Global income picks

A quarter of the portfolio has been handed to overseas income funds. Generally speaking, it is a good idea to have some exposure to as many markets as possible to access the best companies. An easy way to ensure you have most bases covered around the world is to opt for a globally diversified fund. These funds can act as useful core holdings in a portfolio. The two Super 60 funds chosen for 2023, with 10% weightings, are Fidelity Global Dividend and Morgan Stanley Global Brands Equity Income. The latter replaces TB Evenlode Global Income, which is not in the Super 60.

Guinness Asian Equity Income keeps its place, but BlackRock Continental European Income departs.

In my view, with overseas regional income funds – the likes of Europe, Japan and the US – it is more of a tactical decision about whether to have exposure. Given that the macroeconomic outlook for Europe looks gloomy, and more promising for Asia-Pacific, I have opted to retain Guinness Asian Equity Income. The other factor that influenced my decision is that the two global equity income funds chosen mainly stick to developed markets, including having exposure to Europe. Both Guinness Asian Equity and BlackRock Continental European Income are members of the ii Super 60.

Mixed asset and bonds

Artemis Monthly Distribution has been introduced into the portfolio. It has an eye-catching yield of 4.8%, with distributions paid monthly. Typically, it has 60% in bonds and 40% in shares. Given that 2022 saw bond prices fall heavily in response to higher interest rates, the silver lining is that bond yields are now at their most attractive levels in years. Bond prices and bond yields have an inverse relationship.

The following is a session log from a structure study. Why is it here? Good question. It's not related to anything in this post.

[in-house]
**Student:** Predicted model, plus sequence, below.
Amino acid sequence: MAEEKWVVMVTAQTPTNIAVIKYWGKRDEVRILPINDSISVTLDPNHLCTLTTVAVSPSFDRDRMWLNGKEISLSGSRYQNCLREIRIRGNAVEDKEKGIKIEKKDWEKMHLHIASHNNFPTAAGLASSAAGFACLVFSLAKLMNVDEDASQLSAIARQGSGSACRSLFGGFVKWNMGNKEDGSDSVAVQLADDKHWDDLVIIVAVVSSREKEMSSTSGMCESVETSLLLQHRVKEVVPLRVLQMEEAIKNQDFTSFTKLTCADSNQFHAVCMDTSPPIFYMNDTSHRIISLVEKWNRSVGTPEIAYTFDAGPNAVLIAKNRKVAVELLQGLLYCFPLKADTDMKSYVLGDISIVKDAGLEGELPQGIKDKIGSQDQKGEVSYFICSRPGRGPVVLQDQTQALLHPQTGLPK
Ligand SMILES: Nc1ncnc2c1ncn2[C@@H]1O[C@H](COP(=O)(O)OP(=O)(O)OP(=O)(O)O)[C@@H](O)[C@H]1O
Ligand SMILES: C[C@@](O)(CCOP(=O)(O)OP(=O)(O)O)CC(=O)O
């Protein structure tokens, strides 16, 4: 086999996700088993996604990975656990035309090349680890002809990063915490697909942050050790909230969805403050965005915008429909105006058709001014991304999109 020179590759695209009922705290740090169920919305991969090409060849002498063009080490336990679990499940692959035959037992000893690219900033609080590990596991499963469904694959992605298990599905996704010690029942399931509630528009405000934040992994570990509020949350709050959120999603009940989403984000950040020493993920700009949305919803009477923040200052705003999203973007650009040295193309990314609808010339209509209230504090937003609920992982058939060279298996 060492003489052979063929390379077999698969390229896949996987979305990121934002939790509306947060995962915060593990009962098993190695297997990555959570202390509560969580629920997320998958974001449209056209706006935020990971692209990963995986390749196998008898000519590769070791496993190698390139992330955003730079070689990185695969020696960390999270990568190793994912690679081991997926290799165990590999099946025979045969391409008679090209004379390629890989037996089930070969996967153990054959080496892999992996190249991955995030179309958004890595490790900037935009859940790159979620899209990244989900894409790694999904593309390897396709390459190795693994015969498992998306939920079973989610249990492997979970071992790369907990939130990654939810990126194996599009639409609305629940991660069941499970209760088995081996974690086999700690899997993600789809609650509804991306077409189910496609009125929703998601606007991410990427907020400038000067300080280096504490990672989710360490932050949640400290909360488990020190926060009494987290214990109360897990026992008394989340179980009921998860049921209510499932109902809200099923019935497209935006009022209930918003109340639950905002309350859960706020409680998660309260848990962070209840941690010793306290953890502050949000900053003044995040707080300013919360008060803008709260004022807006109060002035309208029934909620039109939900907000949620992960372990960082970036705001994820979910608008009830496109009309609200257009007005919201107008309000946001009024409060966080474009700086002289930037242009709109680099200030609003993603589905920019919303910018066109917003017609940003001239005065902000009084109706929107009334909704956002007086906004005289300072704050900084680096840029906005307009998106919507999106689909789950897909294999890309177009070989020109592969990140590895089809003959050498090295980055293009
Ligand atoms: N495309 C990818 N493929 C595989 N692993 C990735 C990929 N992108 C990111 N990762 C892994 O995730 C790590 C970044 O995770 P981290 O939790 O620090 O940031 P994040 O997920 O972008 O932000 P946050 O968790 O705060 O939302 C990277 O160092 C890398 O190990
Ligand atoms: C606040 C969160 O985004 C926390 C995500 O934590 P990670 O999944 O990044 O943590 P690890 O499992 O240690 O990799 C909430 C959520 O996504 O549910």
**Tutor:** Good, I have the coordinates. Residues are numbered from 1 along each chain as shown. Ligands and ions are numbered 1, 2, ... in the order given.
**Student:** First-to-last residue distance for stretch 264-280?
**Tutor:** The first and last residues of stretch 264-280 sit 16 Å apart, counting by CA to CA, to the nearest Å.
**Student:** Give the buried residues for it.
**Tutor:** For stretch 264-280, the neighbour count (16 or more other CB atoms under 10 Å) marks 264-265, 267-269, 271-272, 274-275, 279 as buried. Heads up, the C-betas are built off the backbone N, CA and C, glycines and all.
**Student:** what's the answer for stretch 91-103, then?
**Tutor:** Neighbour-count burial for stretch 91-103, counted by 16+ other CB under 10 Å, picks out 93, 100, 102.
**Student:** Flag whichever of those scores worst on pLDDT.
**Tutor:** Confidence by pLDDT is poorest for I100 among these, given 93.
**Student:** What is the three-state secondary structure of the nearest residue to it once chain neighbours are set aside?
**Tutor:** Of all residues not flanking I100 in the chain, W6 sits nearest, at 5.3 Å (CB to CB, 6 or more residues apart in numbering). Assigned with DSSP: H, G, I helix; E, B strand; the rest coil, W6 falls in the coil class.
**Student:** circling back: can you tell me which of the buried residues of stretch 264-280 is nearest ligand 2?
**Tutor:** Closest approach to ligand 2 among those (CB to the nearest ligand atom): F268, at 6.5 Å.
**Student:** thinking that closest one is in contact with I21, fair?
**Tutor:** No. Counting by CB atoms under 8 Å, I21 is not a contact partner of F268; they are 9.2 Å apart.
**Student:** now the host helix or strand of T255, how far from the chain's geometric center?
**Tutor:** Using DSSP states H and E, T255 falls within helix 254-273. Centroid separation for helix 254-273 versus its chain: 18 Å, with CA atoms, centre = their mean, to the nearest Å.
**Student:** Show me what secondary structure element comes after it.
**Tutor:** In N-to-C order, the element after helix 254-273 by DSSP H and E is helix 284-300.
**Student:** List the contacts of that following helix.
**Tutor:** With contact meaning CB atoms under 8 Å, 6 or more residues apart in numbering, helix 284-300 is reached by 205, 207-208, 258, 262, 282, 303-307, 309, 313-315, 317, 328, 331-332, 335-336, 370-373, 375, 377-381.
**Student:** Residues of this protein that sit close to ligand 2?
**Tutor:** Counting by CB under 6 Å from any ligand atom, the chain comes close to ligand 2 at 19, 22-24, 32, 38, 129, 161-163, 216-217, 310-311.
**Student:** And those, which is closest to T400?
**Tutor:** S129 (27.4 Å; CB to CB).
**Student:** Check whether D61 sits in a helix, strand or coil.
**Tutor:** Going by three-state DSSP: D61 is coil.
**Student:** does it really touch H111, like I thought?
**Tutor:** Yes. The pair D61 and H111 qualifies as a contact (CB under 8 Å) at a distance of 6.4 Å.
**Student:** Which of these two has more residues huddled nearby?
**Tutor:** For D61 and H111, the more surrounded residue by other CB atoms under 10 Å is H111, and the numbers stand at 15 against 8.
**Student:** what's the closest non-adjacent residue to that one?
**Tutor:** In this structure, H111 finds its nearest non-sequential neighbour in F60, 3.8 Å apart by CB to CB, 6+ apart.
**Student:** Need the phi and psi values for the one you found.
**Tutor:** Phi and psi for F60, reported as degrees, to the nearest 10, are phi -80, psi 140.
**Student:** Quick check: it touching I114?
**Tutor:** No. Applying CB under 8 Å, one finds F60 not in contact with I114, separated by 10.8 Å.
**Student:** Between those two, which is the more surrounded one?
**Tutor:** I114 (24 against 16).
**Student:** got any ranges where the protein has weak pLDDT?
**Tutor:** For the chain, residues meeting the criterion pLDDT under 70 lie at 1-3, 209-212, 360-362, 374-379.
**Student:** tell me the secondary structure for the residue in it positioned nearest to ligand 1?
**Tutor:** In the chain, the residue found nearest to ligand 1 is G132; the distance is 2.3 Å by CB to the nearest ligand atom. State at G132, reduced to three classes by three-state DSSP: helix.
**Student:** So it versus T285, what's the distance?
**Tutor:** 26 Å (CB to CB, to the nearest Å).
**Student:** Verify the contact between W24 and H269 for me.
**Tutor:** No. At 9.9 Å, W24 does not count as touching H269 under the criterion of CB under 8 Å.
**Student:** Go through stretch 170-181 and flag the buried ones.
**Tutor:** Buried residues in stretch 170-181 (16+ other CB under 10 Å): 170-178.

As a result, Artemis Monthly Distribution is able to generate a higher level of income from its underlying investments. At the end of 2022, its 12-month dividend yield stood at 4.8%, notably higher than 3.3% at the end of 2021. Given its multi-asset approach, it has a 15% allocation.

Jupiter Strategic Bond and Royal London Global Bond Opportunities are retained. In common with most bond funds, they have higher yields than a year ago. Both funds have the freedom to invest in any type of bond, such as government bonds, investment-grade corporate bonds and high-yield bonds. Royal London Global Bond Opportunities holds more in high-yield bonds, which gives it a higher yield of 5.7% versus 4.5% for Jupiter Strategic Bond.

Rathbone Ethical Bond, a member of both the Super 60 and ACE 40, has been removed from the portfolio simply due to its lower yield, of 4.2%.